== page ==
Shrink Plastic Photos

Posted by on Nov 19, 2013 in blog | 0 comments

Shrink Plastic Photos

I can recall as a kid, standing in front of the oven watching Shrinky Dinks in the oven. There was something fascinating about seeing those colored sheets transform into tiny, albeit useless, pieces of plastic. But did you know that there are blank Shrink Plastic sheets that you can put in your inkjet printer? Did you also know that there are things you can actually do with the finished products?

If you want to make shrink plastic photos, you’ll need to buy blank shrink plastic sheets that are specifically for printing in an inkjet printer. The plastic is a little different so the ink will stick. I’m not sure if the product will differ depending on the brand you get, so make sure you read all the manufacturer’s instructions. I got the Shrinky Dink brand and while there were very thorough instructions, I learned some tips along the way.

Find what photos you want to use. Ones that don’t have large dark sections in them will work the best so they don’t get too dark once they’re shrunk. This time I decided not to go with antique family photos, but I chose some photos I took on a trip to our local conservatory which is where my husband and I got married.

The levels adjustment dialog box should look like this when you're done.

The levels dialog box should look like this when you’re done.

You’ll need to alter them a little bit on your computer before you print them out. If you don’t have any photo manipulation software, you can do this online (for free!) with sites like pixlr.com. Resize your photos so they are about 2-3 times larger than you want them to be when they’re finished. The amount they scale down isn’t an exact science. The plastic may not shrink at the same rate, so this isn’t great for a finished project that requires a lot of precision.

Then lighten your photo(s) by 50%. To do this, once you’ve uploaded your photo onto pixlr, go to adjustment>levels and a dialog box will open. On the Output levels bar, scroll the black slider (originally labeled 0) up to 127. Then save your edited picture. Your photos should look pale and washed out.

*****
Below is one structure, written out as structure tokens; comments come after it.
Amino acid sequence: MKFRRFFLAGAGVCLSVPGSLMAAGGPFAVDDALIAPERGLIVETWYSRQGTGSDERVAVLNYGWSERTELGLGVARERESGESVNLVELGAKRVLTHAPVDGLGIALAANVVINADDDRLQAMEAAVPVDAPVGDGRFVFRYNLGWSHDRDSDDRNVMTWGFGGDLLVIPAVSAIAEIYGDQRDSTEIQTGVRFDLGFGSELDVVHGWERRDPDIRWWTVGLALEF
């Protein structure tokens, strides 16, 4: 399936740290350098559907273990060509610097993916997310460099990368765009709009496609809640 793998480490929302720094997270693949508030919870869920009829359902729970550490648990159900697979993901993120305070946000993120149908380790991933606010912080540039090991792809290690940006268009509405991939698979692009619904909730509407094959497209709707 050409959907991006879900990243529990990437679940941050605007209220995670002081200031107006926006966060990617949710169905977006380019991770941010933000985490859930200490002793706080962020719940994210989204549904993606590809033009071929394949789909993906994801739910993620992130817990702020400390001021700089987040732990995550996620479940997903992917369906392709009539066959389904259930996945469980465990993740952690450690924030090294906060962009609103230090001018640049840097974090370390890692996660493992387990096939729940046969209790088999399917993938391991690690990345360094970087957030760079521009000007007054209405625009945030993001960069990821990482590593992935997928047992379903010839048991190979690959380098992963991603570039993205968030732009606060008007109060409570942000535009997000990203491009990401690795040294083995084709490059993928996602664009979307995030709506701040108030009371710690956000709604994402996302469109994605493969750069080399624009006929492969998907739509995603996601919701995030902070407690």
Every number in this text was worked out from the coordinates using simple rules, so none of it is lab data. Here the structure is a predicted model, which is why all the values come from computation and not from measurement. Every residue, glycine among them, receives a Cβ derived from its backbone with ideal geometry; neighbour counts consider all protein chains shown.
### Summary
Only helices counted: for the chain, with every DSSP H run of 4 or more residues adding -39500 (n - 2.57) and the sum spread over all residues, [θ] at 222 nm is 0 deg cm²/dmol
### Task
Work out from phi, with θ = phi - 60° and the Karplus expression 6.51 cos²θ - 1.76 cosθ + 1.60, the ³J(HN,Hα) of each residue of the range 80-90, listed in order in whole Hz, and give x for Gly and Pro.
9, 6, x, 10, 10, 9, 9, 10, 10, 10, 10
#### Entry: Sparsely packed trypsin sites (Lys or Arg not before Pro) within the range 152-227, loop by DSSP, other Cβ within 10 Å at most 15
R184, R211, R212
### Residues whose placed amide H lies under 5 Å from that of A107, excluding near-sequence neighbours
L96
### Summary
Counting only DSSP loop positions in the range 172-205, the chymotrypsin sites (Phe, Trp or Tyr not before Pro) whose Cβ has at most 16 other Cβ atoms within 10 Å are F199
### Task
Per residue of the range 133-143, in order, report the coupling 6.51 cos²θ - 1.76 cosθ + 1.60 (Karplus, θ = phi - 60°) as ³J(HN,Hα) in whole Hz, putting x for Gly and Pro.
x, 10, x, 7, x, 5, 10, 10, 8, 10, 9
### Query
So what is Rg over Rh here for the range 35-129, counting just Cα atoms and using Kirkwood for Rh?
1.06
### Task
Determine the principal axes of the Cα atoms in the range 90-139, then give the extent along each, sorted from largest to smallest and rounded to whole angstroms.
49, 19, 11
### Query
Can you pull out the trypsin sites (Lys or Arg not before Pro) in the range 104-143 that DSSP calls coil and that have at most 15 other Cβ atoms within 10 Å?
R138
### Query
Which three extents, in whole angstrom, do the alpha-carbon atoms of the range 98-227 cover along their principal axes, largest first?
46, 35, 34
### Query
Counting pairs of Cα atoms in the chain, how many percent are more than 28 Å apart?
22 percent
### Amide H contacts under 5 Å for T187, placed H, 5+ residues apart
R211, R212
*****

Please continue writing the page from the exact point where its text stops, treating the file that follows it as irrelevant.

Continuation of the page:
Set your printer settings according to the package instructions. With the Shrinky Dinks, there is a list of which paper choice and print mode you should use for different printer brands. Load the plastic in your printer and print your images.

Printed and cut plastic sheets

Printed and cut plastic sheets

Cut out your images. I’m making some charms and some Christmas ornaments, so I punched holes in them all. I also attempted to do a ring after seeing other people do it online. It was a miserable failure and I haven’t yet tried it again.

Bake them according to package instructions in your oven or toaster oven. The instructions say to heat your oven between 275° and 300°. I had better luck with the hotter temperature.

Maybe because they do something to the plastic to make it printable, but these don’t flatten out as well as the ones I remember as a kid. Be ready with a metal spatula to flatten them out the rest of the way when they’re done shrinking. Only do a couple at a time or you won’t be able to flatten them all out by the time they harden. If they do harden before you can flatten them, just stick them back in the oven and they’ll get soft and pliable again in a few minutes.

Plastic starting to shrink in the oven

Plastic starting to shrink in the oven

Some people online suggest putting brown paper or parchment paper over them while they bake to help them stay flatter. Don’t bother. It didn’t do any good and it means you can’t watch them shrink. Why miss out on the best part? Just leave them uncovered and flatten them as soon as you take them out.

I had much better luck with small pieces than large ones. They don’t curl up as much and shrank pretty evenly. I eventually got the larger ones to work, but it took longer than the 3-5 minute cooking time stated in the instructions. It could be an error on the manufacturer’s part or my oven could have been lying to me about how hot it actually was, which is very possible.

Finished Shrinky Dinks

Finished Shrinky Dinks

Once they’re cool. if you like the matte finish, leave them how they are. If you want them shinier, you can give them a coat of acrylic varnish.

So, what can you do with these? I put a ribbon through the large ones so they can be Christmas ornaments. They could also be gift tags. I put jump rings through the small ones that can be used on a necklace, bracelet or earrings which would make nice alternatives to lockets. You could also use them as wine glass charms. With the right findings from the jewelry section of your local craft store, Shrinky Dinks can be used to create broachs, tie pins, or cuff links. I’ve also seen people make buttons with them by punching two or four holes in the center.

Finished Charms and Christmas Ornaments

Finished Charms and Christmas Ornaments

So here are my finished products. In addition to the photographs, I also printed non-photo vintage Christmas graphics that I found at thegraphicsfairy.com.

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